Unilever CHRO Leena Nair on how to ignite the Human Spark
It's all about purpose, well-being, empathy and finding the best way to get your message across to fellow executives.
Leena Nair eats glass ceilings for breakfast. Since 1992, when she joined Hindustan Unilever as a summer trainee, she was the first female manager to opt to work for a time in a factory, the first woman on the management committee and the youngest ever executive director. In March 2016, three years after relocating to London, Leena was appointed as the first female, the first Asian, and the youngest ever Chief Human Resource Officer of Unilever, leading a “global people agenda” - as she calls it - that oversees 169,000 employees in over 100 countries.
As one of the most popular speakers at last year’s Workday Rising in Barcelona and at the World Economic Forum in Davos in January of this year, Leena is fast becoming a global icon of HR leadership.
With great power comes great responsibility, something Leena is experiencing on a daily basis, she says. “I have been fortunate to have been the first woman in a number of things. Being able to break so many glass ceilings is a privilege, but it is also a responsibility. People look to me to do the right thing and I am well aware that should I do the wrong thing, then it may have a huge impact. I have met this responsibility through a deep sense of personal purpose, and have set myself a goal to inspire a million women. I had a very humble upbringing and could not have dreamt of the opportunities I have today. I want to inspire people and tell them: you can follow your dream.”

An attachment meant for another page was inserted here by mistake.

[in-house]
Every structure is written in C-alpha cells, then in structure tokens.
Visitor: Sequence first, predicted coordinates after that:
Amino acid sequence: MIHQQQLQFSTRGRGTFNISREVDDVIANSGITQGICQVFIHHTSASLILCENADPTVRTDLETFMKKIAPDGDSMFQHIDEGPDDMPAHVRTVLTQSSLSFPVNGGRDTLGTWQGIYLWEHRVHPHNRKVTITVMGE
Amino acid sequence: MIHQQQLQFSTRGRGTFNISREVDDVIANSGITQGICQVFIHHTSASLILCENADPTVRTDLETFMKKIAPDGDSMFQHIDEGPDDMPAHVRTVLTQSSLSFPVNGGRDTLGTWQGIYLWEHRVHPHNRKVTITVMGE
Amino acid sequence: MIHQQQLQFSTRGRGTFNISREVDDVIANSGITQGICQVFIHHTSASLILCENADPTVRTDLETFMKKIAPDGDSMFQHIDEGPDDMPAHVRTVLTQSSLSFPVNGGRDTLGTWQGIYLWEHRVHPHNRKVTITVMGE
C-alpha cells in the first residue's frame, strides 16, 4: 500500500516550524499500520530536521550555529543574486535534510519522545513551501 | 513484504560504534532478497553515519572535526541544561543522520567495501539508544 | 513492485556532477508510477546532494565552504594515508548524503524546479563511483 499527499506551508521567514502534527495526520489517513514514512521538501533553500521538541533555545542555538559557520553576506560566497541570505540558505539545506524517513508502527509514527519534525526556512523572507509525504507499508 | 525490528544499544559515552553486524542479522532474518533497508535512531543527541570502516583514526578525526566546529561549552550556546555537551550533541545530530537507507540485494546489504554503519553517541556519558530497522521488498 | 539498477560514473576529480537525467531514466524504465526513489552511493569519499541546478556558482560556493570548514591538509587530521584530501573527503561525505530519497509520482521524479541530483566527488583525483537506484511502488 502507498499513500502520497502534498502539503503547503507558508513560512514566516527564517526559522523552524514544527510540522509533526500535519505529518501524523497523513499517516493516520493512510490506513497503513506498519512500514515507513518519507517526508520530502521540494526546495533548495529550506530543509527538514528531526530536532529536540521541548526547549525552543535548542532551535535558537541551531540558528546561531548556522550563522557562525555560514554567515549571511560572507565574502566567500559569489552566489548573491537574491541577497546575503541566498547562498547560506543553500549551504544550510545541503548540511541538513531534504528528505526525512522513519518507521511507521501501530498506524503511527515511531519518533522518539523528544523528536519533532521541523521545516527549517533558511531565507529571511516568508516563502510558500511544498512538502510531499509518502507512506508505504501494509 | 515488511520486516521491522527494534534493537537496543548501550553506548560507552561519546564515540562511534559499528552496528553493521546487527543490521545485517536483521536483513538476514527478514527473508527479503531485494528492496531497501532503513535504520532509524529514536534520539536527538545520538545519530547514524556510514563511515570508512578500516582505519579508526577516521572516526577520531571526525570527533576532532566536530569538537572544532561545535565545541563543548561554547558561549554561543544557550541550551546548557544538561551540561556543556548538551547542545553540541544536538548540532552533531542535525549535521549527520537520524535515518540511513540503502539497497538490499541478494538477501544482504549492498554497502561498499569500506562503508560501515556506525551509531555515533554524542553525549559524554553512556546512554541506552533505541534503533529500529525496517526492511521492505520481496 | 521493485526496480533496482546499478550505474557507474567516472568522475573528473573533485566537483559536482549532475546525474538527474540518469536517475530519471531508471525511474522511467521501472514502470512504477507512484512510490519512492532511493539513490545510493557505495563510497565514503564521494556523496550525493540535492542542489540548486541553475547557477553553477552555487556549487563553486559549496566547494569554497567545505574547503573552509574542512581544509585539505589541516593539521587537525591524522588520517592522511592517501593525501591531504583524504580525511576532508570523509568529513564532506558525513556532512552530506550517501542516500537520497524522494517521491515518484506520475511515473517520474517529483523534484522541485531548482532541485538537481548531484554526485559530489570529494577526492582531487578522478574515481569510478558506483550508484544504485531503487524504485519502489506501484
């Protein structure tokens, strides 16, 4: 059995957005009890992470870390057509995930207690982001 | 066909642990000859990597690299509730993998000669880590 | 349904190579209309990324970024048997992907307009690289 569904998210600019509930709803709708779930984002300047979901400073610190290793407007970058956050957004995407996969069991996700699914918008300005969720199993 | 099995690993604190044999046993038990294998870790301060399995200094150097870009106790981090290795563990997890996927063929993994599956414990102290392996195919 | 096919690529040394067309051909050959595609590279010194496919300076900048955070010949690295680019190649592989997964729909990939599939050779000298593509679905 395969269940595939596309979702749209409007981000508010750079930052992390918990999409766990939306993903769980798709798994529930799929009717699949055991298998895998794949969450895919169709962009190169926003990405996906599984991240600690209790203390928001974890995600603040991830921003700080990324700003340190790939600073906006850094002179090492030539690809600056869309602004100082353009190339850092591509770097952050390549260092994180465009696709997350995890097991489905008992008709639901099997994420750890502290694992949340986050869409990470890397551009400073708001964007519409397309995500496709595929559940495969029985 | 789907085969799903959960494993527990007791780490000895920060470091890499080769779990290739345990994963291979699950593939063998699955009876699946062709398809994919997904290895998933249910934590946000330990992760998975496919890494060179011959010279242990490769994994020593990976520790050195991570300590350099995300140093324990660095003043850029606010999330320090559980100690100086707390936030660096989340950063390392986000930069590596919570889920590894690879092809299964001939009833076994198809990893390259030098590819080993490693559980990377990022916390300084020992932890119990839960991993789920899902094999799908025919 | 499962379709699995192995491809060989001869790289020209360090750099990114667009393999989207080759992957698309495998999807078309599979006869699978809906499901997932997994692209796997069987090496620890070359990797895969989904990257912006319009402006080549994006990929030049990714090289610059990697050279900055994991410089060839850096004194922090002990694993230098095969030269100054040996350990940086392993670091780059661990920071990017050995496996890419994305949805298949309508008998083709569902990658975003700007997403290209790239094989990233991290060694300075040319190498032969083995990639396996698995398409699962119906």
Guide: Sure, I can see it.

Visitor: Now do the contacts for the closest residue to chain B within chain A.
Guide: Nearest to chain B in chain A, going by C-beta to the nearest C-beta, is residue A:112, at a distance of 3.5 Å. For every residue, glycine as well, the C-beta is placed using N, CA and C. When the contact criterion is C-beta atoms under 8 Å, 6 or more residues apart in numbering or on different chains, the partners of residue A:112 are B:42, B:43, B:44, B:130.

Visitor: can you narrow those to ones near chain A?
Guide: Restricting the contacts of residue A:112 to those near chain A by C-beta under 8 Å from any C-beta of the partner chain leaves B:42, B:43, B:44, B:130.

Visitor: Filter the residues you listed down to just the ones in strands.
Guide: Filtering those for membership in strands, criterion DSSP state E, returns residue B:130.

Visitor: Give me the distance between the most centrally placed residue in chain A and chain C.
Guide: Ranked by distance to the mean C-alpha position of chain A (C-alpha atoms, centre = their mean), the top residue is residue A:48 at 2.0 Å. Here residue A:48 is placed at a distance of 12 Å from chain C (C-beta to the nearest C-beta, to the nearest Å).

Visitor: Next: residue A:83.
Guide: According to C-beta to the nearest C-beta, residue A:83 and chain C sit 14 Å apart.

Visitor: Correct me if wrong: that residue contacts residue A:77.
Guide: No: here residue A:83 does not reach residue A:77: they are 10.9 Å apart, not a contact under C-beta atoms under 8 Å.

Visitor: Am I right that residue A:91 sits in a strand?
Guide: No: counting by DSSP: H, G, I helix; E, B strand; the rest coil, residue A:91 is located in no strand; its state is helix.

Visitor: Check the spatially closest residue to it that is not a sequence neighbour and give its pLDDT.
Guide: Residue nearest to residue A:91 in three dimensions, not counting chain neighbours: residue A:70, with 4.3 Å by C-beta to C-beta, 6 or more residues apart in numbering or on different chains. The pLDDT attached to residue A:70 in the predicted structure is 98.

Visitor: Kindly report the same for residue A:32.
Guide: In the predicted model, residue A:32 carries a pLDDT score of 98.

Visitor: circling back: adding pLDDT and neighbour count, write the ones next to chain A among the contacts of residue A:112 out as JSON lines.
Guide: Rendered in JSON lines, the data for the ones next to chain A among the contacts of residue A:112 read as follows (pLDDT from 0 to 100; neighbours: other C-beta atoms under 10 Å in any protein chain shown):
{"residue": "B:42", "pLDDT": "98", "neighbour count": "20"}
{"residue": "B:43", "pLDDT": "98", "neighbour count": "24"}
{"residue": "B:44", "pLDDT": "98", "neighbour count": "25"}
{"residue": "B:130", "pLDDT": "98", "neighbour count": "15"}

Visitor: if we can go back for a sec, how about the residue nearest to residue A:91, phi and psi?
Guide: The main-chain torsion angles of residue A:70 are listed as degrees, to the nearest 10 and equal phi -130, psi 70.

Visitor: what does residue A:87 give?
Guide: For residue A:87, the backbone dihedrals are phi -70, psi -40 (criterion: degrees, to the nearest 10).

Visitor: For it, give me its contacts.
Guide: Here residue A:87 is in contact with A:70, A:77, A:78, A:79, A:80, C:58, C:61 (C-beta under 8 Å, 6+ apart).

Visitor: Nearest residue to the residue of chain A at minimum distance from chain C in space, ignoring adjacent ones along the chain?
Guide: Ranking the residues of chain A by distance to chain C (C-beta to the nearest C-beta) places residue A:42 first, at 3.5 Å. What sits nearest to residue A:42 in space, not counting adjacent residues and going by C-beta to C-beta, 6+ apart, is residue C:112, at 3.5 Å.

Out of whack
One of the CHROs’ most important tasks is to manage the well-being of employees that are trying to cope with a rapidly changing world, says Leena. “When I speak to other HR leaders, they all tell me that many employees are feeling overwhelmed and often their work-life balance is out of whack.”
Asked how she deals with those challenges personally, she mentioned one of her key values: purpose. “I want to ignite the human spark and I am very passionate about that being my purpose. I also have my little rituals for my own sanity and I jog at least once a week. You need to invest in yourself and look after your own well-being. Being involved in the World Economic Forum was about building my own capability and reminding myself of my purpose. That gives me an anchor.”
Tech vs humans
Leena sees technology as an enabler, rather than a threat, so the question was what her favourite new tech on the block is? “I like everything mobile,” she says. “I do try to introduce a lot of technology in the way I work, particularly ensuring we optimise our communication. I am also a big believer in sentiment analysis of external feedback, which I can now follow in real-time on a screen in my office, instead of doing this only once a year. I try to immerse myself in technology, but I am a constant embarrassment to my teenage boys who tell me I should do so much more with my iPhone.”
Part of employees feeling overwhelmed is their fear about technology and what it means for their personal future. CHROs have a big role to play to combat negativity, says Leena. “Everyone is a bit scared, and many people are anxious about the impact of technology. A lot of the narrative has been negative. Headlines like ‘Robots are coming for your job’ sell newspapers.” Leena says she wants to build a positive narrative around technology. “The first thing we need to do is talk about the opportunities technology creates, not just about the challenges. The second thing we need to do is what I spoke about earlier: make sure people have a purpose and an anchor. What gives you meaning in your life? We need to instil confidence.”